By Andres Oppenheimer

As weird as it seems, despite the daily headlines of gun battles, beheadings and more than 47,000 deaths in drug-related violence over the past five years, Mexico is receiving record numbers of foreign tourists.

How come? I asked Mexico's Secretary of Tourism Gloria Guevara. Are foreign tourists oblivious of the violence, or have you found a way to offset negative headlines with a brilliant public relations campaign?

Mexico announced recently that it received a record 22.7 million international visitors in 2011, a 2 percent increase from 2010, and a 6 percent increase from 2009. Tourism has been increasing despite setbacks, such as the state of Texas' three-year-old travel advisory warning its residents not to cross over to Mexico because of drug cartel violence.

Guevara, a former travel industry executive who lived for four years in Miami before taking her government job, gave me four major reasons for the increase in foreign tourism.

First, predictably, she cited Mexico's rich history, culture, hospitality of its people and world-class hotel resorts, which make it by far the number one foreign destination for American tourists. A recent survey of 10,000 foreign tourists in Mexico revealed that 98 percent of them were repeat visitors, which is a key sign of approval, she said.

Second, Mexico's drug related violence is concentrated in only 80 or the country's 2,500 counties, and those 80 don't include tourism destinations, she said. Indeed, Mexico's overall homicide rate of 18 people per 100,000 inhabitants is lower than that of Honduras (86), Venezuela (67) and Brazil's (25), according to United Nations data.

Third, Mexico has significantly eased its visa requirements for foreign tourists. Starting in 2010, Mexico has given automatic entry visas to anyone with a U.S. visa.

In addition, Mexico started an electronic visa application system for Brazilian, Russian and Chinese citizens, allowing them to apply for a Mexican visa online instead of having to travel to their countries' capitals to get visas at the Mexican consulate. That has resulted in a net addition of 500,000 foreign visitors to Mexico over the past year and a half, she said.

Now, Mexico is talking with other Latin American countries to unify their visa systems to attract third-country tourists.

"The idea is to go to a single Latin American visa, much like they have in Europe," Guevara said. "We are in an era of multi-destination tourism, in which when you go to Europe or Asia, you don't just visit one country. Latin America is in diapers in that respect."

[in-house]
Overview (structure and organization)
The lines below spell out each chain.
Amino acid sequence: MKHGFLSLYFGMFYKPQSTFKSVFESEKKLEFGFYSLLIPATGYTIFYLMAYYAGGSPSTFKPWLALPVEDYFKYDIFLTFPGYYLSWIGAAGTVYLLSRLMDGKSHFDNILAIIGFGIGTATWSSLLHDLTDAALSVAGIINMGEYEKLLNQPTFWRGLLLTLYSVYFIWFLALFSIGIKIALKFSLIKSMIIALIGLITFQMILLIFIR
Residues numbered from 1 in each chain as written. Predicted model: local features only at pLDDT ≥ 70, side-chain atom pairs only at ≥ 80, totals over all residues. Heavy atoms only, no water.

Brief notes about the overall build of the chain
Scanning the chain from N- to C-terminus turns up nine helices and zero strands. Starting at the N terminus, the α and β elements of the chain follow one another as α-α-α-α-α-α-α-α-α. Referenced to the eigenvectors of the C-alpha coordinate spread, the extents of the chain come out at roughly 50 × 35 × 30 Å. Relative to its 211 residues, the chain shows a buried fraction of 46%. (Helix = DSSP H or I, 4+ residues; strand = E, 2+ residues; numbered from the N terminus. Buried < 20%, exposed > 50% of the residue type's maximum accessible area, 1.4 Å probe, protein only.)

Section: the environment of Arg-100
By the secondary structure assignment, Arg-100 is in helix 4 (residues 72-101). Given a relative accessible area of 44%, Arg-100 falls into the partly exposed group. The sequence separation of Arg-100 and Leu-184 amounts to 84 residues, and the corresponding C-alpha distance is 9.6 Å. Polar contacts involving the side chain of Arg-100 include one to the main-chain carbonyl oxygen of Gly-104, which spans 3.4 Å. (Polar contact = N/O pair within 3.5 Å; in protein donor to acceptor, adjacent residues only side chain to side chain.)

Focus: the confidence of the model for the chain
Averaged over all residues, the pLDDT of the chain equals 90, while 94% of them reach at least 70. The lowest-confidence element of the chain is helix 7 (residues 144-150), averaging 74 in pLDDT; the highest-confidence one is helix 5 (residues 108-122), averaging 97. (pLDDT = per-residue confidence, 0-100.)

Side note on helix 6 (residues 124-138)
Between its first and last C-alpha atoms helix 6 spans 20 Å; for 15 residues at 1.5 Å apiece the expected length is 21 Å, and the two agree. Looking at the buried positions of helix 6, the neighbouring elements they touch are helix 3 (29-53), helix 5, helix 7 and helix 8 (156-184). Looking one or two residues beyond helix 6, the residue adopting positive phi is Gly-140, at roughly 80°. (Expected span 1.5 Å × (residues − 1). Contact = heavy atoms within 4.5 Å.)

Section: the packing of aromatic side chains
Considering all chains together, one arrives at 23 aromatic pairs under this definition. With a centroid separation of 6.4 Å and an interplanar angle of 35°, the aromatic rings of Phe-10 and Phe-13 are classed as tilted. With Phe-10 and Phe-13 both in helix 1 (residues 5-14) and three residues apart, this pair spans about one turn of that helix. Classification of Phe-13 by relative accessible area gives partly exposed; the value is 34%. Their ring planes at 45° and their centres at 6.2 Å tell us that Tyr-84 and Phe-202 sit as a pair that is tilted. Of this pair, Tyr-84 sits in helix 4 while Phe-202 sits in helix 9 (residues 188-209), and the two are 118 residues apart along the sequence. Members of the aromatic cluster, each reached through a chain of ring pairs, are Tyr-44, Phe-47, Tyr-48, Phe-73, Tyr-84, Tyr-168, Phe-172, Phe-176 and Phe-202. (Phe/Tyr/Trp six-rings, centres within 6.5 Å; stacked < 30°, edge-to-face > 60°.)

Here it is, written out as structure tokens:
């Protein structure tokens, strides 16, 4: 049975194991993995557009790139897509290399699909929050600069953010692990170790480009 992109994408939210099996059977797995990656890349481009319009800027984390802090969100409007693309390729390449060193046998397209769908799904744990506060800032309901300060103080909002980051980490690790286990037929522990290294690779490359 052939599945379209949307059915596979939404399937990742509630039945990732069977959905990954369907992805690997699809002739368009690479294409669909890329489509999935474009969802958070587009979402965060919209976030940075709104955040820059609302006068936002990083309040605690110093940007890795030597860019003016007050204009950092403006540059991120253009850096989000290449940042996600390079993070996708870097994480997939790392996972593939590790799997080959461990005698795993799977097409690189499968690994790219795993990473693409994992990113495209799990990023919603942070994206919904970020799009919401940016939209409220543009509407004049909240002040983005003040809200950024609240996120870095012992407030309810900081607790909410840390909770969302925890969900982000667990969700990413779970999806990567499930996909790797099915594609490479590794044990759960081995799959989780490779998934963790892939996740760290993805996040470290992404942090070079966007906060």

Fourth, since 2010, the Mexican government has gone on the offensive to tell its side of the story. "There was an information vacuum. We changed our strategy, and became more proactive," she said.

Skeptics note that the violence is taking a toll on foreign tourism to Mexico, especially in the number of U.S. visitors, whose numbers declined slightly last year. Also, Mexico's overall rise in foreign arrivals took place amid a world-wide rise in tourism in recent years, they say.

To put Mexico's tourism figures in perspective, while the number of foreign arrivals to Mexico rose by 2 percent last year, the number of foreign arrivals world-wide grew by 4.4 percent last year, according to a new report by the United Nations' International Tourism Organization. International visitors to South America rose by 10 percent last year, and to Europe and Asia by 4 percent.

In fact, Mexico and Latin America are way behind other regions in the number of foreign tourists they attract, the WTO figures show. Europe received 503 million foreign visitors last year, Asia 216 million, and Latin America -- including Mexico -- fewer than 80 million.

My opinion: Given its daily headlines of violence, Mexico has not done too badly on the tourism front. But when you take into account its natural beauties, its culture and the hospitality of its people, Mexico should be getting twice as many foreign tourists.

As I proposed in this column three years ago, it's time for Mexico and all other Latin American countries to create a common Latin American visa that allows Americans, Europeans and Asians to visit all countries in the region without visa hassles. When it comes to tourism, Mexico and its neighbors are sitting on a gold mine.



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World - Mexico's Violence is Up, and So is Tourism | Global Viewpoint